Hoodia: The All Natural Appetite Suppressant


No one knows how long the San Bushmen of the Kalahari Desert have been using the stem of the hoodia gordonii plant to ward off hunger. Hoodia grows wild in Africa. A Dutch anthropologist was the first European to describe the plant. In 1937, he was studying the habits of nomadic hunters and noted that they often ate the plant when food and water were scarce. He mentioned that the hoodia gordonii plant was not particularly tasty, but it had the desirable effect of reducing appetite and thirst.

It was not until 1963 that an organized study of hoodia gordonii was performed. Scientists at the Council for Scientific and Industrial Research in South Africa reported that laboratory animals which were fed the hoodia plant lost weight. Research was slow, as is common in the scientific community, and expensive. Sometime in the 1990’s the scientists in South Africa were able to attract the interest of a British pharmaceutical company, Phytopharm. Eventually, through a joint effort, they were able to isolate and identify the active molecule in hoodia gordonii and named it p57. Though a naturally occurring molecule can not be patented, an isolated form of that same molecule can be patented. In 1995, Phytopharm licensed and patented p57.

Phytopharm reportedly spent more than $20 million dollars researching the effects of the p57 molecule found in the hoodia gordonii plant before they sub-licensed the rights to Pfizer in 1998. Pfizer invested another $21 million in research and development. One of the major production problems is the limited availability of hoodia gordonii. The plant requires extremely high temperatures to flourish and four to five years to mature. Phytopharm is now working with Unilever and has established hoodia gordonii plantations in South Africa.

Hoodia received national attention recently when Lesley Stahl, a reporter for 60 minutes traveled to Africa to investigate the plant for herself. With the help of a San Bushman, she was able to locate and eat a piece of the hoodia gordonii plant. She reported that she experienced no hunger for the rest of the day. For many viewers, this report was enough to send them searching for their own pieces of hoodia gordonii.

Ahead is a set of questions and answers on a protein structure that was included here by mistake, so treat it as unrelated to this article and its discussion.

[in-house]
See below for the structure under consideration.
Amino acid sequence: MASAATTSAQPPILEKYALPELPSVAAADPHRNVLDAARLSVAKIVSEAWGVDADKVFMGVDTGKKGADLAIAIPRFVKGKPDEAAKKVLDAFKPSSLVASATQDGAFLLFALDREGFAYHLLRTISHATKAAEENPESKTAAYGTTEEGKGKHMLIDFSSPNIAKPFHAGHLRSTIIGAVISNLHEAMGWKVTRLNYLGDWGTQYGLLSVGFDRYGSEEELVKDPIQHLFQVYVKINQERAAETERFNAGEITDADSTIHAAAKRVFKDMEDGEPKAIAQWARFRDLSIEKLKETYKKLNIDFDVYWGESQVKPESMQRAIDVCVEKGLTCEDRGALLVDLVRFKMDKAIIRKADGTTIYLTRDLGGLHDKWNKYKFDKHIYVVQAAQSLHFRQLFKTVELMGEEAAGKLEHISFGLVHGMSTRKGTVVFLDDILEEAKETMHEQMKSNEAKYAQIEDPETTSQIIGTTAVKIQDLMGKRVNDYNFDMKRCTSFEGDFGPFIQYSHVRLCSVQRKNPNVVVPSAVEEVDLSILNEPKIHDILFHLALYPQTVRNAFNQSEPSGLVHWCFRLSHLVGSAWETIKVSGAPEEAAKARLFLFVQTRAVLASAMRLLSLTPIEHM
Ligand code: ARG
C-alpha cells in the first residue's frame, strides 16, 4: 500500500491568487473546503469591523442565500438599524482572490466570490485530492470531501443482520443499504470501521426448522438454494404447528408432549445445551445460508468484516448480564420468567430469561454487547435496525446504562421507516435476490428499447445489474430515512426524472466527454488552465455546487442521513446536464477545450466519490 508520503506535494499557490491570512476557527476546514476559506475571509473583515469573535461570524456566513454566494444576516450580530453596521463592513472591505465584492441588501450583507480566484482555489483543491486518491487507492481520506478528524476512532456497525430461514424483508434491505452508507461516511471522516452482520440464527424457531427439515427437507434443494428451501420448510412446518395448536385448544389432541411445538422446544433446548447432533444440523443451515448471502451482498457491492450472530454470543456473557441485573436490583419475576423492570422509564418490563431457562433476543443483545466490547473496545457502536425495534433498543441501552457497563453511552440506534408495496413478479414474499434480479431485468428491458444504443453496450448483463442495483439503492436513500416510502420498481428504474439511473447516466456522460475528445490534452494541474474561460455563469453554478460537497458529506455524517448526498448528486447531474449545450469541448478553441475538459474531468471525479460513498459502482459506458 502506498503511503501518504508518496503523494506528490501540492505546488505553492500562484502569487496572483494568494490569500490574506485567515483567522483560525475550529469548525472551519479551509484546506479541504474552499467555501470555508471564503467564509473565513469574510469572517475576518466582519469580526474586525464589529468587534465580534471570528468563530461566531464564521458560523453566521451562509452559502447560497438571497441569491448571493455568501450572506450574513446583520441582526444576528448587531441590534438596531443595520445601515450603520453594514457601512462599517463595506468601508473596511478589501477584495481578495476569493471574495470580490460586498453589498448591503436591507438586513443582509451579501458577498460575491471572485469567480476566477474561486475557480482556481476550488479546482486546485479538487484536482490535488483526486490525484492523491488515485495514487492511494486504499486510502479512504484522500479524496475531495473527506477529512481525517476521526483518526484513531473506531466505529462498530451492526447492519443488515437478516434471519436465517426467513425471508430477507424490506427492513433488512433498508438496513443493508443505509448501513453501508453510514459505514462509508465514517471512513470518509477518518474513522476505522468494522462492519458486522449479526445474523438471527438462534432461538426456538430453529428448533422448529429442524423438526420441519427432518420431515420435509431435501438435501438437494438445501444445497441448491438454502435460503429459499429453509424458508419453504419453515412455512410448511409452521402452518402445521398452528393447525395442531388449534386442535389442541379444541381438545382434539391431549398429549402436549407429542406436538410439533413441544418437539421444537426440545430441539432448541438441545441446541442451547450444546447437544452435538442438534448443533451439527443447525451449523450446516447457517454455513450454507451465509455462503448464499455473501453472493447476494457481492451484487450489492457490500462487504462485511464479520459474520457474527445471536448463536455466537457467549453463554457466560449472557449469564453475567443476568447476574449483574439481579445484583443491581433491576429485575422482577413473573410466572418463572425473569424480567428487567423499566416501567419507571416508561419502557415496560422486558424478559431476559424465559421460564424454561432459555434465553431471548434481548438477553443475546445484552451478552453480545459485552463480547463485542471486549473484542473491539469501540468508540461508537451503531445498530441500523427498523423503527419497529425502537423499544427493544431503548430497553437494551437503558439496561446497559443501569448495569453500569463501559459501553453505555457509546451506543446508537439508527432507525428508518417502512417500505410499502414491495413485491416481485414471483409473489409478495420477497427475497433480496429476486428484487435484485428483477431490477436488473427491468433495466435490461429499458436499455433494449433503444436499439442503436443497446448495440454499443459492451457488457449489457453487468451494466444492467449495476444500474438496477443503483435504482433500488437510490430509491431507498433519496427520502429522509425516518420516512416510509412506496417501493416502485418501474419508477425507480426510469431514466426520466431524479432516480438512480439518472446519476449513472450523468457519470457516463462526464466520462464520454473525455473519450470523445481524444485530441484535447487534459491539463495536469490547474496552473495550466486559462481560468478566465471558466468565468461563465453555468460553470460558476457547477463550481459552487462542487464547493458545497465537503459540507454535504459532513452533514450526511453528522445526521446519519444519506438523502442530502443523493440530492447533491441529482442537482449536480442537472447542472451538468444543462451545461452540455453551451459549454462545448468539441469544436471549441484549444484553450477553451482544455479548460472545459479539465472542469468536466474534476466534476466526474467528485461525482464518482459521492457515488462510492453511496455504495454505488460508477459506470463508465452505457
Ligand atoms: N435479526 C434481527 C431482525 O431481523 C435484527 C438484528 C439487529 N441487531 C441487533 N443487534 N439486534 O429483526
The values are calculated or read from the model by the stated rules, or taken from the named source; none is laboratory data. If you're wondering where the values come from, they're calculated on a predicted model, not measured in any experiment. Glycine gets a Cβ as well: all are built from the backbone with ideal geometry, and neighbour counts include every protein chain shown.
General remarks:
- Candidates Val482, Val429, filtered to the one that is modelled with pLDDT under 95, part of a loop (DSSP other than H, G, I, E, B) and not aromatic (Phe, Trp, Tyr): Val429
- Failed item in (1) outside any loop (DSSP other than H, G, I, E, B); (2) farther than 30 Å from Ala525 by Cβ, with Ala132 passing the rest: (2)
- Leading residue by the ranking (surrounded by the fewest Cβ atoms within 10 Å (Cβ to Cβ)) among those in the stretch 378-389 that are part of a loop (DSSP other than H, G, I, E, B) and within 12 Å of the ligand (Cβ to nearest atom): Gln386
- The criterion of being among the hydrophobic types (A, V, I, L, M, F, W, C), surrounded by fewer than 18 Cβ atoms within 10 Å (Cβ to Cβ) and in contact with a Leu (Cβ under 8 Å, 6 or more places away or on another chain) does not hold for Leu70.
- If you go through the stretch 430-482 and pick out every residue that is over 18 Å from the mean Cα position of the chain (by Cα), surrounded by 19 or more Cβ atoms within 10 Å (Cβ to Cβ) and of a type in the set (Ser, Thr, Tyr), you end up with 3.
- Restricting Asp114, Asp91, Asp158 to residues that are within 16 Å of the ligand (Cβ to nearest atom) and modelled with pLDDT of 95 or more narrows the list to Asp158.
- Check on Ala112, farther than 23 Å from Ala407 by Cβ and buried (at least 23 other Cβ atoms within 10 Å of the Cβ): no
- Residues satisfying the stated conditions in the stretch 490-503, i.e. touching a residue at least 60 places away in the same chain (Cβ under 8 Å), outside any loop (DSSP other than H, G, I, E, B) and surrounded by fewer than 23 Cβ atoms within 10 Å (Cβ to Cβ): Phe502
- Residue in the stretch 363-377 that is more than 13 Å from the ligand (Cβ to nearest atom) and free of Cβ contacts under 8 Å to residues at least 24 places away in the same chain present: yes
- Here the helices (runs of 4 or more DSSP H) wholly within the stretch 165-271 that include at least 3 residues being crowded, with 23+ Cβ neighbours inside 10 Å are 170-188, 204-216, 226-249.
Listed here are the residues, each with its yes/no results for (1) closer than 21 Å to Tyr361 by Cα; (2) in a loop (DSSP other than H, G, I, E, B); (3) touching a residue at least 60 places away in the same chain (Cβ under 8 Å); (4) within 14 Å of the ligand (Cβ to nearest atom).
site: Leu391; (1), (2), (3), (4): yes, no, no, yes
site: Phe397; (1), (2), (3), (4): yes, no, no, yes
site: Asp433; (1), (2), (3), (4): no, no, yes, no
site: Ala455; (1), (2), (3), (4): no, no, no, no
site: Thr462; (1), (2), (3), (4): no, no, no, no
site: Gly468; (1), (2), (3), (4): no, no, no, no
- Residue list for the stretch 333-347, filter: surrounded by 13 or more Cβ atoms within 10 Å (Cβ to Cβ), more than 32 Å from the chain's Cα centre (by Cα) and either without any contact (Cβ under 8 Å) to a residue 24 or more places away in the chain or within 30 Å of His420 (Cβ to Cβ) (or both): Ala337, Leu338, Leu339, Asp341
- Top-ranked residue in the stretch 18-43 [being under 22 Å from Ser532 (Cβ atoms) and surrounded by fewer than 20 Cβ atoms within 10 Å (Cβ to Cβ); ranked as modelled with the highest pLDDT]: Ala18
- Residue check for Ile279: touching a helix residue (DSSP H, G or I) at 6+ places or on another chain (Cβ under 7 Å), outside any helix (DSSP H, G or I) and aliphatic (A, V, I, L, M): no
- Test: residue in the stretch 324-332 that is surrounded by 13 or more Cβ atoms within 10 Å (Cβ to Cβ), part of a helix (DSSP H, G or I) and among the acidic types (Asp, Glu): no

The scientific explanation for Lesley’s lack of appetite relates to the body’s production of ATP (adenosine triphosphate). Research at Brown Medical School in Providence Rhode Island concluded that p57, isolated from hoodia gordonii, led to increased production of ATP. ATP is an energy source for the cells of the human body. It is one of those things which the body needs but cannot store. Any increase in production of ATP will lead to a decrease in hunger, an increase in energy and metabolism. According to this study, the p57 found in hoodia gordonii led to a 50-150% increase in ATP. More impressive may be the clinical studies by Phytopharm in which participants were able to reduce their caloric intake by 1000 calories or more without feeling any hunger. This study noted a significant reduction in body fat content after only two weeks among overweight individuals that were given extracts of hoodia gordonii.

Experts make the following recommendations for overweight people interested in trying hoodia gordonii supplements. The length of time to experience the appetite suppressing effects may occur quickly, even following the first dose, but some people do not notice a significant difference until after taking the supplement for several weeks. In addition, the recommended dosage may need to be adjusted up or down depending on the individual. There are no adverse side effects associated with hoodia gordonii and none have been reported by individuals who need to take a higher dosage in order to achieve the desired effect of appetite suppression.

Patsy Hamilton is one of the editors of the hoodia info blog, for more information about hoodia or hoodia gordonii visit our resource http://hoodiainfo.blogspot.com

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Author: Piyawut Sutthiruk

Losing weight will keep you healthy and have a long life. Cheer Up!

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